Any information from an outside source should be cited. This includes ideas, facts, charts and graphs, paraphrases, and quotations.
Once you have brought source material into your writing (via quotation, summary, or paraphrase), your next task is to cite or identify it. This is essential because giving credit to the creator of the source material helps you avoid plagiarism. Identifying your sources also helps your reader understand which written content is from a source and which represents your ideas.
When you cite or identify source materials, you make it absolutely clear that the material was taken from a source. Note that if you don’t do that, your reader is left to assume the words are yours—and since that isn’t true, you will have committed plagiarism.
For college-level work, citing sources generally means two things: in-text or parenthetical citation and a “Works Cited” or “References” page. What these two things look like will be a little different for different citation styles like APA or MLA. The specific details required and the order in which they appear changes a little between different formats, but the general purpose is the same.
Learn the basics of citing in APA style in this recorded workshop from the Academic Support Center.
Much of the text on this page is adapted from The Word on College Reading and Writing by Carol Burnell, Jaime Wood, Monique Babin, Susan Pesznecker, and Nicole Rosevear. It is licensed under a Creative Commons Attribution-NonCommercial 4.0 International License.
Improperly paraphrased text can be plagiarism, even if it is cited. it's important to use your own words unless you are quoting a source.
It can be easy to rely on some of the original author’s phrasing or direct synonyms for the author’s original words. Remember that a paraphrase must be entirely your own writing, not just phrases or words substituted in the same sentence structure, length, etc. used by the original text. Write paraphrases in sentence structures that are natural to you and true to your own writing voice. The only job of a paraphrase is to accurately and completely represent the relevant idea presented in the text you are paraphrasing.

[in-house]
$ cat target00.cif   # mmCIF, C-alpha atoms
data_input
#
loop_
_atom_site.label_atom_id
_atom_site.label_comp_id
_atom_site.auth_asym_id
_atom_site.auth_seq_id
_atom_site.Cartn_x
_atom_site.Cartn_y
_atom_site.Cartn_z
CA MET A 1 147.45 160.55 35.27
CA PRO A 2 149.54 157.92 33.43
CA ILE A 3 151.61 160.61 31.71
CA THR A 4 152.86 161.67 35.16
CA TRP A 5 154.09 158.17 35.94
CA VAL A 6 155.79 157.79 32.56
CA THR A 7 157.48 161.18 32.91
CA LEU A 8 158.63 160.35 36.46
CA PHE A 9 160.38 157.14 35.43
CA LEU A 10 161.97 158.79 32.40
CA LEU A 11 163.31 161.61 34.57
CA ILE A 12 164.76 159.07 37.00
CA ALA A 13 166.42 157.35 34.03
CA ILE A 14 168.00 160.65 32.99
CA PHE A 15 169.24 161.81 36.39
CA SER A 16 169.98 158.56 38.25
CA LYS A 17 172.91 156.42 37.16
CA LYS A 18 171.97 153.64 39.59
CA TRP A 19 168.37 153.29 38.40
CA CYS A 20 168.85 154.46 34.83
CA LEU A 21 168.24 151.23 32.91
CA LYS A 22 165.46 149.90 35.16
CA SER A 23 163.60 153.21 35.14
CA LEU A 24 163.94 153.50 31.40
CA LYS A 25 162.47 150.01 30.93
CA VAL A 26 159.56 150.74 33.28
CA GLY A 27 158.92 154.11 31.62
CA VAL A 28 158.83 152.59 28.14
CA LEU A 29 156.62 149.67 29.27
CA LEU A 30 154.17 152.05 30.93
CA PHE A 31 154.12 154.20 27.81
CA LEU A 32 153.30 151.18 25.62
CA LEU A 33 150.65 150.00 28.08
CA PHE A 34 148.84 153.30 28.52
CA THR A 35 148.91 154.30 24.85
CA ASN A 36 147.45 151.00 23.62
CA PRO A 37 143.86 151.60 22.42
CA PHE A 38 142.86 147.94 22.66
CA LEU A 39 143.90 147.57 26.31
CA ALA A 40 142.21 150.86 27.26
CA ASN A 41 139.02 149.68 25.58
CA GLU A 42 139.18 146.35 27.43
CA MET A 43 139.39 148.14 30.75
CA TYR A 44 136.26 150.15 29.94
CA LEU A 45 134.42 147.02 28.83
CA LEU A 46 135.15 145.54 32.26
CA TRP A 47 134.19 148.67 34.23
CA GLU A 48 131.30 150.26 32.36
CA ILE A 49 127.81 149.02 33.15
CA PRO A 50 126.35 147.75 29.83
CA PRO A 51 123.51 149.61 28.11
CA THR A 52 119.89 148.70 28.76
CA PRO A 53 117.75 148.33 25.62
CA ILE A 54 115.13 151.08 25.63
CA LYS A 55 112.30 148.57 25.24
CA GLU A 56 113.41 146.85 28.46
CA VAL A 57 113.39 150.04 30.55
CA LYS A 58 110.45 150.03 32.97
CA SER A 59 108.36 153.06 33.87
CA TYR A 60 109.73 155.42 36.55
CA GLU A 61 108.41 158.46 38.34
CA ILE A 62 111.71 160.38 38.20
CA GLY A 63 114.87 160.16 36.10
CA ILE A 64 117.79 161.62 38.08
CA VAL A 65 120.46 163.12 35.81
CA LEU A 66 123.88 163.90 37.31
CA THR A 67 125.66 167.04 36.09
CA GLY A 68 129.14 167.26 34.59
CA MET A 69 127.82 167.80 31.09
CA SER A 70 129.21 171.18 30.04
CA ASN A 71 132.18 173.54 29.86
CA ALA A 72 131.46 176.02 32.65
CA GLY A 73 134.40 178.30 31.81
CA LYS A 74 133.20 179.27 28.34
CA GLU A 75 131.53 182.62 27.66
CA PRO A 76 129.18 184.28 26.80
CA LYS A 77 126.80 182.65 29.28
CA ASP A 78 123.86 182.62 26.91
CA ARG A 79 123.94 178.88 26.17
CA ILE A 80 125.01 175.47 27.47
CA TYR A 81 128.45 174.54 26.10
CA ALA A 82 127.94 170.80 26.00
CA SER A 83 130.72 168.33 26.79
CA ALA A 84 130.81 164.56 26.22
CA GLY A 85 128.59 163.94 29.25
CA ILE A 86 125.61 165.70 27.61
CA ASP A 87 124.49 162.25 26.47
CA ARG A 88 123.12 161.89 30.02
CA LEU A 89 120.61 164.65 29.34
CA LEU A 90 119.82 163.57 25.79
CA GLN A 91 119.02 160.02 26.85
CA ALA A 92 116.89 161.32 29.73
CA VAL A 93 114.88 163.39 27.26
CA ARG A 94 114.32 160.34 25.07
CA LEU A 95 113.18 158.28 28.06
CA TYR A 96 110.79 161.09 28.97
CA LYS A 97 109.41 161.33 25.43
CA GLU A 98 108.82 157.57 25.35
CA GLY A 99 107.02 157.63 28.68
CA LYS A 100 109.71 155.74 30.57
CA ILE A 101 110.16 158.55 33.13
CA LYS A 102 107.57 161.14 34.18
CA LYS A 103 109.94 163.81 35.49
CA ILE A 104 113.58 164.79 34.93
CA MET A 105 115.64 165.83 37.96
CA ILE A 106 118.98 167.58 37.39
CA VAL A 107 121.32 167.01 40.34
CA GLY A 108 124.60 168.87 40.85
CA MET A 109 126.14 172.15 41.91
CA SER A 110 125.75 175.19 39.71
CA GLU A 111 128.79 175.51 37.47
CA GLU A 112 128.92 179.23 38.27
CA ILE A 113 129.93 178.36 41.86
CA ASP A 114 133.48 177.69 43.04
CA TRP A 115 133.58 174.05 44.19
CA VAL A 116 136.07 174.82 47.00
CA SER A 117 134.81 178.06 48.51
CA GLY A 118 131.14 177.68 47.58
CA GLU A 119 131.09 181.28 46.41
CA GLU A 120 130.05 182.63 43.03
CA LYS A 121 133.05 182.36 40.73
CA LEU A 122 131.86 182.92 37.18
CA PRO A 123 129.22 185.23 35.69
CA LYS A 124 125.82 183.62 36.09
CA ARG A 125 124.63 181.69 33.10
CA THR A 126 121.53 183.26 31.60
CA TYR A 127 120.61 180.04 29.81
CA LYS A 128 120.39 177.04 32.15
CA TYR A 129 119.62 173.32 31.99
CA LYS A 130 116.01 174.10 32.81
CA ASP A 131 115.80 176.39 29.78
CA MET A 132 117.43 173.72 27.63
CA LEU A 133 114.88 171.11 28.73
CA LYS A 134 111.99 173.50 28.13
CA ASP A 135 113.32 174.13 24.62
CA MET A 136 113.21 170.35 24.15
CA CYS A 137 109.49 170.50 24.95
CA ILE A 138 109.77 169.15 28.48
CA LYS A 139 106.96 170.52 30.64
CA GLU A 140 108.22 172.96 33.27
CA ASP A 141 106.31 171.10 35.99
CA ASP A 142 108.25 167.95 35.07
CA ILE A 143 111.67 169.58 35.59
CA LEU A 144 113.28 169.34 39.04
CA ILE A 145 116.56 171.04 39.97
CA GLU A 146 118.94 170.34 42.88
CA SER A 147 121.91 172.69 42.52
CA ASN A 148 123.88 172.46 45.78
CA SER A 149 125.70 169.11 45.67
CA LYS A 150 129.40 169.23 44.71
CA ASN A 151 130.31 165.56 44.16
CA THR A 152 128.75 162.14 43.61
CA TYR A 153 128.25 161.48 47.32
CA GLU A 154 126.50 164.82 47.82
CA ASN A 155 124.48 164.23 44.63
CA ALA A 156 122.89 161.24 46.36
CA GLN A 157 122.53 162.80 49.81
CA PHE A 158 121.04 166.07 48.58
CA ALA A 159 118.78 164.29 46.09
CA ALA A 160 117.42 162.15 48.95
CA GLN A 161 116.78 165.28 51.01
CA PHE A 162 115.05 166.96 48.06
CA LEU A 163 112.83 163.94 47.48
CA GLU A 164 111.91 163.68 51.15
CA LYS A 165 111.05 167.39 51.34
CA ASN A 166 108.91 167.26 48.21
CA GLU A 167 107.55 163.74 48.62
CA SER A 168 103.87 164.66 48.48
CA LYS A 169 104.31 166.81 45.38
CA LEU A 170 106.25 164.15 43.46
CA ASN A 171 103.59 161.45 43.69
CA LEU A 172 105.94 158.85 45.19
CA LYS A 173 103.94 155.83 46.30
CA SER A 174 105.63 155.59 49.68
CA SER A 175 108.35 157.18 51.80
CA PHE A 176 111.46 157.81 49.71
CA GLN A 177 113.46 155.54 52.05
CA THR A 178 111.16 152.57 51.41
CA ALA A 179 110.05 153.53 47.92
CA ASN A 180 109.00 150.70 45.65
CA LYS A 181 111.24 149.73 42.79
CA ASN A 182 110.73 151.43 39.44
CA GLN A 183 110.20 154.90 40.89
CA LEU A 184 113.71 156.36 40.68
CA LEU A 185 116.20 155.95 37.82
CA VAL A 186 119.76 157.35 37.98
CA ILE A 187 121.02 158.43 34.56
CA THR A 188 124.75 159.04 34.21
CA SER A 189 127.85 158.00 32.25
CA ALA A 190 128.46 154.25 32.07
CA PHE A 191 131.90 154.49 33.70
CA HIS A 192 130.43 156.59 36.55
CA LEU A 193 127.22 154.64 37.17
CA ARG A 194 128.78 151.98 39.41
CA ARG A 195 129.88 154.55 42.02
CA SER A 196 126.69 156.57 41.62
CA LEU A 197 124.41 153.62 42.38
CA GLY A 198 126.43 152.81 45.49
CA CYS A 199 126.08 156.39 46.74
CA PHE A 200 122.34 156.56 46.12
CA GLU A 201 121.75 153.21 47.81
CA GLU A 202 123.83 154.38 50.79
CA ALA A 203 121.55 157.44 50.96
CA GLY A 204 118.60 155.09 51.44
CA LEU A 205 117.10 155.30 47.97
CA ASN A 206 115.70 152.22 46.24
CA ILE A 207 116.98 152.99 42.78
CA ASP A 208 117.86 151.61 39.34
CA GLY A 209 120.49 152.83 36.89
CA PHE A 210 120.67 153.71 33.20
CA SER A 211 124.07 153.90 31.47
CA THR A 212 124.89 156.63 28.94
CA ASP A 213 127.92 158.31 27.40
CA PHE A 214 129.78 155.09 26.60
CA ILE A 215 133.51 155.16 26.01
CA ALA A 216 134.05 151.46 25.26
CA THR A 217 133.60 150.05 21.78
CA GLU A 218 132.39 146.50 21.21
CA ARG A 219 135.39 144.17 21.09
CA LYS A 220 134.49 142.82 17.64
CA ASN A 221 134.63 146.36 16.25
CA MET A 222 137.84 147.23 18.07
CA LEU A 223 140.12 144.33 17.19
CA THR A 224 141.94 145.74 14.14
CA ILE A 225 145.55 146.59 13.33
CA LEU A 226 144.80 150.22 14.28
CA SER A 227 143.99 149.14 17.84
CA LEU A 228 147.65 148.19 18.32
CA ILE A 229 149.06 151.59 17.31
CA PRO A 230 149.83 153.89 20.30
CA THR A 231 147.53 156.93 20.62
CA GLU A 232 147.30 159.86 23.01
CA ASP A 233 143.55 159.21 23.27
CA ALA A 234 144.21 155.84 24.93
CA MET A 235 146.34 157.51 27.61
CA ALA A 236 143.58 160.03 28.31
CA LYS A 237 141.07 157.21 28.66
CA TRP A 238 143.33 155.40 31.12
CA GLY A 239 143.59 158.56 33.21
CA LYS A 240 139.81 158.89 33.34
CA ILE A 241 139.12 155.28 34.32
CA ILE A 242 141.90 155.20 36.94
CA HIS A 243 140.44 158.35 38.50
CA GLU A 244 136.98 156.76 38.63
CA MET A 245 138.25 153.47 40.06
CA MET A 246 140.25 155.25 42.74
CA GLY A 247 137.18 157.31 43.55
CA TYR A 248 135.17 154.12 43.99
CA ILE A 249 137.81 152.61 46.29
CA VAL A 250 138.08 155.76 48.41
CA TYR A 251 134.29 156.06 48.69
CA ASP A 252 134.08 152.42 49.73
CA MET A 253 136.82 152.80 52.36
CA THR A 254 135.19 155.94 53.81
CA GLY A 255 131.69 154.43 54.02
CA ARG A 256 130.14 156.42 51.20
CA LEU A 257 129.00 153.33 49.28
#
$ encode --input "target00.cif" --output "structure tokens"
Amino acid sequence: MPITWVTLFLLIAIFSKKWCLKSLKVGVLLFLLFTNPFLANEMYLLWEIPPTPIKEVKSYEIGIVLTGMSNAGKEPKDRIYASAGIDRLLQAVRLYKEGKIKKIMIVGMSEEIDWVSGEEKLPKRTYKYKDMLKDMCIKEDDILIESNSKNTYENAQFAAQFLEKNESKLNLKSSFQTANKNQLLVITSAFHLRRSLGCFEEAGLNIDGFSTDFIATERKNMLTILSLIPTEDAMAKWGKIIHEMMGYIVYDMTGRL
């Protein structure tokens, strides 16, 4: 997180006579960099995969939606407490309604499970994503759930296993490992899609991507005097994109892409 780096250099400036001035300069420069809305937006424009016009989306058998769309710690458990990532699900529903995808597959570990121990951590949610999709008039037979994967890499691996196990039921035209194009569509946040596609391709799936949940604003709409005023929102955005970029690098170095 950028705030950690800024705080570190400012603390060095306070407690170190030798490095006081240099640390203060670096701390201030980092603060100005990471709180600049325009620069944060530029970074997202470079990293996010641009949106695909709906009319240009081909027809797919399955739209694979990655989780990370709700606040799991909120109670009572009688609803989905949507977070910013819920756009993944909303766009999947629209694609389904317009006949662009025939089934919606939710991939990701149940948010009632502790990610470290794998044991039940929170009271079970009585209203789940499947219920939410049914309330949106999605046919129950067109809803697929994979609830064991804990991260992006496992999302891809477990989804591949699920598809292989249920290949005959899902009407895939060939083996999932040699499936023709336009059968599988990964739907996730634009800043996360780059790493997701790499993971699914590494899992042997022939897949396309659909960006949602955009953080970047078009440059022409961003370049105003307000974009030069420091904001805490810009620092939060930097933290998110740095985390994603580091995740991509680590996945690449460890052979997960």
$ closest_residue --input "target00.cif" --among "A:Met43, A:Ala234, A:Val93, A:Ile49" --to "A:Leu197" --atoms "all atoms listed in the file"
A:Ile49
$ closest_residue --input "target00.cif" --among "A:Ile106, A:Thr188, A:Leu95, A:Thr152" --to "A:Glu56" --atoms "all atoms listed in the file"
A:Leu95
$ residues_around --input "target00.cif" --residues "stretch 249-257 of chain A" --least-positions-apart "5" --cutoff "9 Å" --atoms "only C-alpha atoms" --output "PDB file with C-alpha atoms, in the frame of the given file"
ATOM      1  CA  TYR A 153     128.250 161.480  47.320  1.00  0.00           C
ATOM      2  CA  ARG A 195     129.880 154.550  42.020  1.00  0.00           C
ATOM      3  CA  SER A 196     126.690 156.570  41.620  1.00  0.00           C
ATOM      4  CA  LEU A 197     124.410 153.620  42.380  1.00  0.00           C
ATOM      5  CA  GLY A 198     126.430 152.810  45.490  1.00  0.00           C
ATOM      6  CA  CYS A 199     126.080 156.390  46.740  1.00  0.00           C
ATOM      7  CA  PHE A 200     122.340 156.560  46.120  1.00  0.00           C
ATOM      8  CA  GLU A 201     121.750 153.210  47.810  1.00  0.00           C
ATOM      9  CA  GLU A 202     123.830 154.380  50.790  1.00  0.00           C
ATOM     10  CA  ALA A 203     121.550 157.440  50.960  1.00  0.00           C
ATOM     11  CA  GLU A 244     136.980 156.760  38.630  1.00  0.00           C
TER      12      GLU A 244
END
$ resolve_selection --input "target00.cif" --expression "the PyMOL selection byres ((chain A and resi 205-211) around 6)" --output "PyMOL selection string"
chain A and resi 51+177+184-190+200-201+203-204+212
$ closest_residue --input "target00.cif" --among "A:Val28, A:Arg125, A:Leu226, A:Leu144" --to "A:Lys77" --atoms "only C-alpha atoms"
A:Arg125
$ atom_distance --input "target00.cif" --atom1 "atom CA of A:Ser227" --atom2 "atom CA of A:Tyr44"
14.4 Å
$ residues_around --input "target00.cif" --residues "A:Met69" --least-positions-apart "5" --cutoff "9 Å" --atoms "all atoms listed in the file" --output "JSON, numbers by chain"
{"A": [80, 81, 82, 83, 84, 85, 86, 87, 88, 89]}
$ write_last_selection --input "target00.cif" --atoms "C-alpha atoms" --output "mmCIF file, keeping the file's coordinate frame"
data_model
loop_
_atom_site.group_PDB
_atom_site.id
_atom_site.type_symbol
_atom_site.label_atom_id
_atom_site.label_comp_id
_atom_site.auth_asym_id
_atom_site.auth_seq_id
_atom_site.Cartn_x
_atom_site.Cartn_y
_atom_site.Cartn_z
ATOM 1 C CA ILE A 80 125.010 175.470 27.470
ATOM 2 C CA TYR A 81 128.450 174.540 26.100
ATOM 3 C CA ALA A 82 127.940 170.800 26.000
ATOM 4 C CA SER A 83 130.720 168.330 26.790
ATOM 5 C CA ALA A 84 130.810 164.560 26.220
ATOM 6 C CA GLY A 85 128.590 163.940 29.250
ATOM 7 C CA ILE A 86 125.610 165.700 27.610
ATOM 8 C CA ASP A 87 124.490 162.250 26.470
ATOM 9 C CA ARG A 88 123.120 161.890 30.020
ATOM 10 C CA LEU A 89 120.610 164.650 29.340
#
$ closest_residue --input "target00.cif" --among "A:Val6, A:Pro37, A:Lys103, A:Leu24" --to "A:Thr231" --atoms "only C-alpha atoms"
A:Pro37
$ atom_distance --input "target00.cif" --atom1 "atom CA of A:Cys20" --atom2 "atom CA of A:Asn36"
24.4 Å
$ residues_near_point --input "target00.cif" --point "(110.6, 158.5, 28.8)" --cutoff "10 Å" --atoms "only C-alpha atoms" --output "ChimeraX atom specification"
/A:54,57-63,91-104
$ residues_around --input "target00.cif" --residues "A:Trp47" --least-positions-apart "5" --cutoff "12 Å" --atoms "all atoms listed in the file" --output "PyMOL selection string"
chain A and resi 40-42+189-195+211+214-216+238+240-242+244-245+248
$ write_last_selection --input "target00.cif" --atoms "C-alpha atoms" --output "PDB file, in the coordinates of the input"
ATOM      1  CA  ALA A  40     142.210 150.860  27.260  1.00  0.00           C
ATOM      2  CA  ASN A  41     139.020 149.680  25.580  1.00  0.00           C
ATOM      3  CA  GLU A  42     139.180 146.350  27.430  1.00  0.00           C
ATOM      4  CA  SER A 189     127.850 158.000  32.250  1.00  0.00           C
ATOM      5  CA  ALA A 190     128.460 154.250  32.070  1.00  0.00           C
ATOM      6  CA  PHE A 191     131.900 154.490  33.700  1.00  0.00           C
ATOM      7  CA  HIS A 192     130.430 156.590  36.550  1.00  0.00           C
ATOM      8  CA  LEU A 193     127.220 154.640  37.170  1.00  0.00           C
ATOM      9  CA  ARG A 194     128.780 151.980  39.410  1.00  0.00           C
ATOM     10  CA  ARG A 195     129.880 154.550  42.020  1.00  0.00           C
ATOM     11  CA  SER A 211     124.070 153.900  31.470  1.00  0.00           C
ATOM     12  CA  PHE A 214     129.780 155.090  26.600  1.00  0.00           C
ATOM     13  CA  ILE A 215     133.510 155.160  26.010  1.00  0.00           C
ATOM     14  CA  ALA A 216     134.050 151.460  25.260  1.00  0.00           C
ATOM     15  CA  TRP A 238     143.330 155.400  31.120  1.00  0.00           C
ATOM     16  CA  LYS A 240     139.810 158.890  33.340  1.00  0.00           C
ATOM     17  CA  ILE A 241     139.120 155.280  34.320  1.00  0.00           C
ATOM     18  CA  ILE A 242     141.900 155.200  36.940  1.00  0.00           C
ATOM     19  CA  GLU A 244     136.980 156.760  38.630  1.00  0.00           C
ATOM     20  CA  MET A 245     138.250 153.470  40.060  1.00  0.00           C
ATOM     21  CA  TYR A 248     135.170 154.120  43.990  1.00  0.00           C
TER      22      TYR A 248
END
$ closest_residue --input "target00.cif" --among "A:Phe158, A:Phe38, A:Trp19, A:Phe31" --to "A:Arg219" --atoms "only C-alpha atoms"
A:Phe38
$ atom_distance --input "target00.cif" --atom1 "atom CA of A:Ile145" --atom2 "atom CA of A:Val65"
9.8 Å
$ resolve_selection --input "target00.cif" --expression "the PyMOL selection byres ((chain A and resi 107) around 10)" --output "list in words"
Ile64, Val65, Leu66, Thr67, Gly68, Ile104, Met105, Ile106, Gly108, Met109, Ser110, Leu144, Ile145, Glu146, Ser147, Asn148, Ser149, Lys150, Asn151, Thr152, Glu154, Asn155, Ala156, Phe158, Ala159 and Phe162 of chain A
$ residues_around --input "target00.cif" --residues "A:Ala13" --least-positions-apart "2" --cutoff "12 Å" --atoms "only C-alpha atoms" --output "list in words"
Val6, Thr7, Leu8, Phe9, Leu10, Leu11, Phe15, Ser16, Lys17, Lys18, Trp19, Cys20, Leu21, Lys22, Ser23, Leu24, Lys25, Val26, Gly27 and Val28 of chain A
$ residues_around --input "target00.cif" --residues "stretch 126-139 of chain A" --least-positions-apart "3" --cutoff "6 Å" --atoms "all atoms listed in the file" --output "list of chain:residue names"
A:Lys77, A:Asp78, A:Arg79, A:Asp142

Here is a brief passage from Sarah Boxer’s article in The Atlantic, “An Artist for the Instagram Age”: “The fact that some folks have managed to make the scene while others get left out in the cold is integral to the excitement of participatory art. The thrill is akin to exotic travel, or getting to see Hamilton. Because not everyone who wants the experience actually gets the experience, these works, even if their intentions and messages are democratic, tend to become exclusive affairs.”
Which of the following is an appropriate paraphrase of this passage? Why is that one “good” and the other one less functional as a paraphrase?
It was probably obvious to you pretty quickly that the second example is a stronger paraphrase. There is a clearer sense for my writing voice in it, with sentence structures that come more naturally to me and language that is my own.
The first example, by comparison, is a rather awkward attempt to preserve the original quote’s exact structures without directly copying the author’s words or phrases, and I’m not even sure it makes sense in a couple of spots (I had to reach for some similar-but-not-identical language). This type of poor paraphrasing with replaced words would likely be deemed plagiarism.